Vertavo Live in Concert

Jon Larsen / Vertavo String Quartet

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Vertavo Live in Concert Review

by James Manheim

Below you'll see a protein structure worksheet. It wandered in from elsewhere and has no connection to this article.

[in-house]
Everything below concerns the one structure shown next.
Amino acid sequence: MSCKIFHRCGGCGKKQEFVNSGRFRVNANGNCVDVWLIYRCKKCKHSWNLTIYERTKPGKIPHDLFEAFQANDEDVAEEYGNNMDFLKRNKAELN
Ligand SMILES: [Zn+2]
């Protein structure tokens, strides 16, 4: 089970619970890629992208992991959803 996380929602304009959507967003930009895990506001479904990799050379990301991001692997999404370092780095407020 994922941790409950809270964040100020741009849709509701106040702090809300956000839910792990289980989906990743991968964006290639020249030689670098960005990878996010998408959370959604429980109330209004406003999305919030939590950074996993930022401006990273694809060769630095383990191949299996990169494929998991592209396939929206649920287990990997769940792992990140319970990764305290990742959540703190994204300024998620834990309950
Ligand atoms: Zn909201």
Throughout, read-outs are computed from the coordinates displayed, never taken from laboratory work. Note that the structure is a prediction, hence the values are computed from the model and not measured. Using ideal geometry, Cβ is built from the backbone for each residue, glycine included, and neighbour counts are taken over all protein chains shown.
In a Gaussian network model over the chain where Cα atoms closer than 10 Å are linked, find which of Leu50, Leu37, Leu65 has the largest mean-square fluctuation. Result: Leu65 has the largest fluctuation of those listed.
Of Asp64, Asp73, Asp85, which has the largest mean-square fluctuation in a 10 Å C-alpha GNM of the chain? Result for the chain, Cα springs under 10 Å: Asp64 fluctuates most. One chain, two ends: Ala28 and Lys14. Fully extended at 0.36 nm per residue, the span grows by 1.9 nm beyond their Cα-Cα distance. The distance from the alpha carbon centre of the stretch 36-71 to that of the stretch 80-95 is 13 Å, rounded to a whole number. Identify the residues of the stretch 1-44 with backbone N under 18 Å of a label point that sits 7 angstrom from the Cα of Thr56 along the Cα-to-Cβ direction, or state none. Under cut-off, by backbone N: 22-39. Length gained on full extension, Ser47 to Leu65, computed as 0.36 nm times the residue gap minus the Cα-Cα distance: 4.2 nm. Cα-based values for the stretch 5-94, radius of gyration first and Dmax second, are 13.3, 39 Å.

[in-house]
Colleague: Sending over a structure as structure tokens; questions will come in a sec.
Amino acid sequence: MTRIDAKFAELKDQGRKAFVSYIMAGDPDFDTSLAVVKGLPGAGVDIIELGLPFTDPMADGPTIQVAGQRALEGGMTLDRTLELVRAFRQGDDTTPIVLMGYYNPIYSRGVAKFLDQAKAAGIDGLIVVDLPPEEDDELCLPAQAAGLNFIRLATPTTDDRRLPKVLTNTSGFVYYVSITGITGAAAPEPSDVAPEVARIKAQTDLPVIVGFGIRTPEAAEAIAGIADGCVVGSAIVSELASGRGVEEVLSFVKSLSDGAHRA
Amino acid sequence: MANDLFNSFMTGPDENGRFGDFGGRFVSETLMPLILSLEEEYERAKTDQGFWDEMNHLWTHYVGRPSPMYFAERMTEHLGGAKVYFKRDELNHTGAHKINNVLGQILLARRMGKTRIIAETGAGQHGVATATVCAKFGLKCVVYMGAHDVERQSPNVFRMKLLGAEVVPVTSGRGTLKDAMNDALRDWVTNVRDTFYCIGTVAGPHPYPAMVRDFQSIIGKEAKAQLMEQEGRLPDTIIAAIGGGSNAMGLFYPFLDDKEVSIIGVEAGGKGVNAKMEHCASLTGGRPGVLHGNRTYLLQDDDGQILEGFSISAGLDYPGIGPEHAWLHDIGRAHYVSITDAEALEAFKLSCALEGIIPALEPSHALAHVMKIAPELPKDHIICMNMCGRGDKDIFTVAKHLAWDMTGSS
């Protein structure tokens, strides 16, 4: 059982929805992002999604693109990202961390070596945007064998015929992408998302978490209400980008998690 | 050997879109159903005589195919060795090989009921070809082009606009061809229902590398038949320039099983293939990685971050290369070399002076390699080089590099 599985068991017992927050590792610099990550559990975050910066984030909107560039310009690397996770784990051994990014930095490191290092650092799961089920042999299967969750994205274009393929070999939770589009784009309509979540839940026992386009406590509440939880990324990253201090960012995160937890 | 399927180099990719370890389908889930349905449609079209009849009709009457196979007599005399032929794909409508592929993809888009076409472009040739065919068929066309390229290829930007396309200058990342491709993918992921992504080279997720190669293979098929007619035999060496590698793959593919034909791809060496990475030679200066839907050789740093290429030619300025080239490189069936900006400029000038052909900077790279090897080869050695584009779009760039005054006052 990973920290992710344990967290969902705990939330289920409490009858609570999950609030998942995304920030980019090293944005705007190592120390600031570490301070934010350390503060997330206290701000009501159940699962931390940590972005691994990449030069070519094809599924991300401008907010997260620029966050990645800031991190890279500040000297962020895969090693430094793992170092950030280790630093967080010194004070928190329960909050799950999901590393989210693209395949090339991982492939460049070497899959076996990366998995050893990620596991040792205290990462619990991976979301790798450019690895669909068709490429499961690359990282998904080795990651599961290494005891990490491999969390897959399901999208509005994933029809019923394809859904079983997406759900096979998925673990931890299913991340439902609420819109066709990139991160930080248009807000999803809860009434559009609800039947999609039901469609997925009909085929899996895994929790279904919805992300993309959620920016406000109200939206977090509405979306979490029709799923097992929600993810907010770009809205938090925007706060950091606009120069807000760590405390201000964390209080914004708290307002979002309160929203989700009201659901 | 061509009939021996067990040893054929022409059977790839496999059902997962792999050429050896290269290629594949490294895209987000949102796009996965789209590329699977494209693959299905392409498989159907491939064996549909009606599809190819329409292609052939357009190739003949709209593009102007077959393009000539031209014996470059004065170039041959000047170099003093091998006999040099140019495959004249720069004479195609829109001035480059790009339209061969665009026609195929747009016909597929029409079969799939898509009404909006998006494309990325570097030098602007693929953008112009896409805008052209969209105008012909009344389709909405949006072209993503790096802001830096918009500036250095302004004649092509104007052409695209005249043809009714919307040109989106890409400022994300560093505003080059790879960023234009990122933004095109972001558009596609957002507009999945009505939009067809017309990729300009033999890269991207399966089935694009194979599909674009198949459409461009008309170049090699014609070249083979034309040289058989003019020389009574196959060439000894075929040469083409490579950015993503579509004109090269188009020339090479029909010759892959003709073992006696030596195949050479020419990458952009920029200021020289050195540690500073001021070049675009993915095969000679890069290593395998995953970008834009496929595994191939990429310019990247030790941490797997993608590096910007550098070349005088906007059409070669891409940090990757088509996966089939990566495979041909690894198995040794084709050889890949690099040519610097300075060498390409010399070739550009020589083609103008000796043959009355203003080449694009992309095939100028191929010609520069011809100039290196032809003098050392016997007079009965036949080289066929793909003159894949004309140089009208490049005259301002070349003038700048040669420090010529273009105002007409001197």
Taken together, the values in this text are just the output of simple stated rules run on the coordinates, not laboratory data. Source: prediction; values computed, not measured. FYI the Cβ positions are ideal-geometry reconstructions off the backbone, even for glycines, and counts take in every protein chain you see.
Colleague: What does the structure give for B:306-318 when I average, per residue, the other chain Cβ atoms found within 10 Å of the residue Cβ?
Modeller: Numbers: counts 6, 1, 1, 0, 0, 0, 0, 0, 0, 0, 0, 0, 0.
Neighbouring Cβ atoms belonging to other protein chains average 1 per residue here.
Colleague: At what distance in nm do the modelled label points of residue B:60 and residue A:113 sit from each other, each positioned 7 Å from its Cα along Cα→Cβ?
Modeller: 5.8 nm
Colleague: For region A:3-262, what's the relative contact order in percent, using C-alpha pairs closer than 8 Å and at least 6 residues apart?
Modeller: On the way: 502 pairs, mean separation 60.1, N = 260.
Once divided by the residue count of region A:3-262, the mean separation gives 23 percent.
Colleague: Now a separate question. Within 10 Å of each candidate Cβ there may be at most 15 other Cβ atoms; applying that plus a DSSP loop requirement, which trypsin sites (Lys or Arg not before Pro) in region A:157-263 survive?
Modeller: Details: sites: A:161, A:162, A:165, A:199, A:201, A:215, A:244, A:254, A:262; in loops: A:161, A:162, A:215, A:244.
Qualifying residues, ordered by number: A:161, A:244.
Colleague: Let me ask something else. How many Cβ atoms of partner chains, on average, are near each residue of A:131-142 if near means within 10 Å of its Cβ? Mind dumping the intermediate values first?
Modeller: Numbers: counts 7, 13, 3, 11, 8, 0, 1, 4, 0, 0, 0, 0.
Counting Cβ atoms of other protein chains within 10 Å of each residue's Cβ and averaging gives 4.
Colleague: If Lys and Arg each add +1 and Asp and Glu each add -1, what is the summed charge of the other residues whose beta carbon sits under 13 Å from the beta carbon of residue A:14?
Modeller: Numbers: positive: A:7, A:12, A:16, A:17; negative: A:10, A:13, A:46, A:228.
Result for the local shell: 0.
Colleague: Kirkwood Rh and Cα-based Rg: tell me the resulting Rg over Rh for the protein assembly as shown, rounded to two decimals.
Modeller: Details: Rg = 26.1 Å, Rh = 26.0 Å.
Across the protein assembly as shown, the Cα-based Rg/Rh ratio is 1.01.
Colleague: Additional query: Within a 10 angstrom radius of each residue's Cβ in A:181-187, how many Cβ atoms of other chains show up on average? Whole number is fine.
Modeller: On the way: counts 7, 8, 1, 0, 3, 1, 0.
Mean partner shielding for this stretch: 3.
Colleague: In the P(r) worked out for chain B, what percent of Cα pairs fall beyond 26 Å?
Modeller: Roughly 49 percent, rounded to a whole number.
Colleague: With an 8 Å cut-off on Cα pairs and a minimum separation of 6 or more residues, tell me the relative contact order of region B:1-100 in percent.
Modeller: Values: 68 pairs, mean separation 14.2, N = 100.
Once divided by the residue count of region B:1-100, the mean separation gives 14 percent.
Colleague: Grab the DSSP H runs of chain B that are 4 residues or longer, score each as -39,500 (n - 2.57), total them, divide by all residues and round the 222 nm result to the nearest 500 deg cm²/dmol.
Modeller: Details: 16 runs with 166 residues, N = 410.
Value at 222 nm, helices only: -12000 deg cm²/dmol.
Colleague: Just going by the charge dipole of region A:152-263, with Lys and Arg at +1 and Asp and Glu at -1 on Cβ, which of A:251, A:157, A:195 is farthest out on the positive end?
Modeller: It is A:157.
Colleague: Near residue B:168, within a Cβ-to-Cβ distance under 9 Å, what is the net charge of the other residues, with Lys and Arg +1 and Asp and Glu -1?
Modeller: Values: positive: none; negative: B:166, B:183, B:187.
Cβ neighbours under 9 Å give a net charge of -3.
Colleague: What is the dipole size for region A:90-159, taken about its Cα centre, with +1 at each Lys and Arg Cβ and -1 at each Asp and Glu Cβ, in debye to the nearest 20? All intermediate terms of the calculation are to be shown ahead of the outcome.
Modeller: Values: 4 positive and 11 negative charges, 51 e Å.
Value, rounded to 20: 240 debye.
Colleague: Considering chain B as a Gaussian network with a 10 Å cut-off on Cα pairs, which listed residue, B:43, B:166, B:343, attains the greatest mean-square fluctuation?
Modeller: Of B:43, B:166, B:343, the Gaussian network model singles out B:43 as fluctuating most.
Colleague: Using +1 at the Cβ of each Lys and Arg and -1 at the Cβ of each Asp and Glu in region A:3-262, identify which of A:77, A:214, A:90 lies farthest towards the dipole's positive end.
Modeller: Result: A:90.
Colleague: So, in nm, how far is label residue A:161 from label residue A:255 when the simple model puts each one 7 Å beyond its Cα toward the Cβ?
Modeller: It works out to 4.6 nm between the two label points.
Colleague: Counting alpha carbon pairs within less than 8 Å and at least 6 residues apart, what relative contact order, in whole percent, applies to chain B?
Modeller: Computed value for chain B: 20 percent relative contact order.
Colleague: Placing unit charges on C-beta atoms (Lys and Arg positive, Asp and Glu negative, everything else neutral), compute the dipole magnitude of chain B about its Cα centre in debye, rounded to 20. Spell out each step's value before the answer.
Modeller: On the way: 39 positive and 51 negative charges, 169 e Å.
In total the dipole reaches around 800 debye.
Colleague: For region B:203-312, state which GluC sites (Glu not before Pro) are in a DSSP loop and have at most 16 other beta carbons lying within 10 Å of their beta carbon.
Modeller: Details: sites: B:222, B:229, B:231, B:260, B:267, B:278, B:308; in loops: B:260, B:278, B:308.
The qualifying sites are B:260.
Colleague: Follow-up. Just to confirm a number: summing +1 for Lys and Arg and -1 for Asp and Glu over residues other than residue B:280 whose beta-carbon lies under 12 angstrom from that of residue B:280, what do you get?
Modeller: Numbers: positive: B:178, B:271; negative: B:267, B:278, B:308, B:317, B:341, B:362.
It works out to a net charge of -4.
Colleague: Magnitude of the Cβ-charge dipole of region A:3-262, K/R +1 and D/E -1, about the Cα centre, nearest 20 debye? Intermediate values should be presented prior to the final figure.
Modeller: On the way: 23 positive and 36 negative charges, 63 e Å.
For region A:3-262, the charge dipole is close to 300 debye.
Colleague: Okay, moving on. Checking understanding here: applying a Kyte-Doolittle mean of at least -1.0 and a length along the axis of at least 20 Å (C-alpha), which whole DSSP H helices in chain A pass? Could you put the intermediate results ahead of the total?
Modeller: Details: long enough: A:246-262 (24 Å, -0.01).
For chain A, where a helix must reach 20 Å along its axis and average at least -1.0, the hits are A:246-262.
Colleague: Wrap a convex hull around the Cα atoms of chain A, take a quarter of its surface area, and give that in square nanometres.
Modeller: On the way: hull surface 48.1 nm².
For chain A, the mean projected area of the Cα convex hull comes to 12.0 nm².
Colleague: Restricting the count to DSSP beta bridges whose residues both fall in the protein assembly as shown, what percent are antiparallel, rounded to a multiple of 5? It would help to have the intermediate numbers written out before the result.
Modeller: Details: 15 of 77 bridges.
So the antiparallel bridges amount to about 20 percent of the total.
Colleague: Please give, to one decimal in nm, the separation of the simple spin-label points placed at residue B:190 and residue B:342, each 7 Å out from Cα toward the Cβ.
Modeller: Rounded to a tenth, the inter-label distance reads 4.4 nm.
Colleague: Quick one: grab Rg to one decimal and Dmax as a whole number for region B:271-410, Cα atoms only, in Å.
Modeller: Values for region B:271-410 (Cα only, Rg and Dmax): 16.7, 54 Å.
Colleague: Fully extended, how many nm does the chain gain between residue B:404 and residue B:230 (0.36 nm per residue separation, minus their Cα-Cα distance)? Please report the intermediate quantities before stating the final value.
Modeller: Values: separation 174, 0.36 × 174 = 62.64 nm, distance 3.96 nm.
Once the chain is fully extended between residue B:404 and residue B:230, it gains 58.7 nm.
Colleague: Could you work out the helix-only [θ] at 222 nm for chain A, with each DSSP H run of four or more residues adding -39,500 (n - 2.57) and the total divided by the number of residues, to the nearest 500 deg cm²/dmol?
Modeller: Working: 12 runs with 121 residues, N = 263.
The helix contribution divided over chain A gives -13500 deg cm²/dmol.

This unusual Norwegian release is essentially a jazz album despite the presence of a string quartet and a set of largely notated original compositions. The stylistic referent, as the "Hot Club of Norvege" title implies, is the so-called gypsy jazz of guitarist Django Reinhardt and his comrades at the Hot Club de France in the 1930s, and the project is the brainchild of guitarist Jon Larsen. He writes in the booklet that he is attempting to transfer the familiar big band configuration of written ensemble arrangements with improvising soloists to the medium of gypsy jazz with string quartet, making no greater claim than that the live concert recorded here "is an attempt to try it out." In reality his ambitions are a bit greater than the comments would imply. There is a good deal of interpenetration between the lines of the Vertavo String Quartet and those of the small jazz ensemble of two guitars, harmonica, and bass. A violin sometimes replaces the harmonica in the jazz ensemble, creating a subtle effect in which a member of the quartet seems to take off and go his or her own way even though this is not actually what is happening. Subtle is a watchword for the music in general, all of which is original (the final piece, "Oblivion," has nothing to do with Astor Piazzolla's composition of the same name). Many of the pieces have a shimmering texture, and Larsen's guitar is more likely to bind the music together than to take off on hot solos. His role is almost like that of Duke Ellington's piano in his orchestra -- not spectacular, but indefinably very important, and the album as a whole suggests what might have happened if the Duke had become infatuated with gypsy jazz while immersed in one of his more classical-oriented phases. The foot-tapping rhythms of Reinhardt's jazz are present only in attenuated form, which may disappoint listeners attracted by the "hot club" claim, but taken on its own terms the music is absorbing. There are new ideas here for crossover string quartets and their listeners looking for the next set of innovations.

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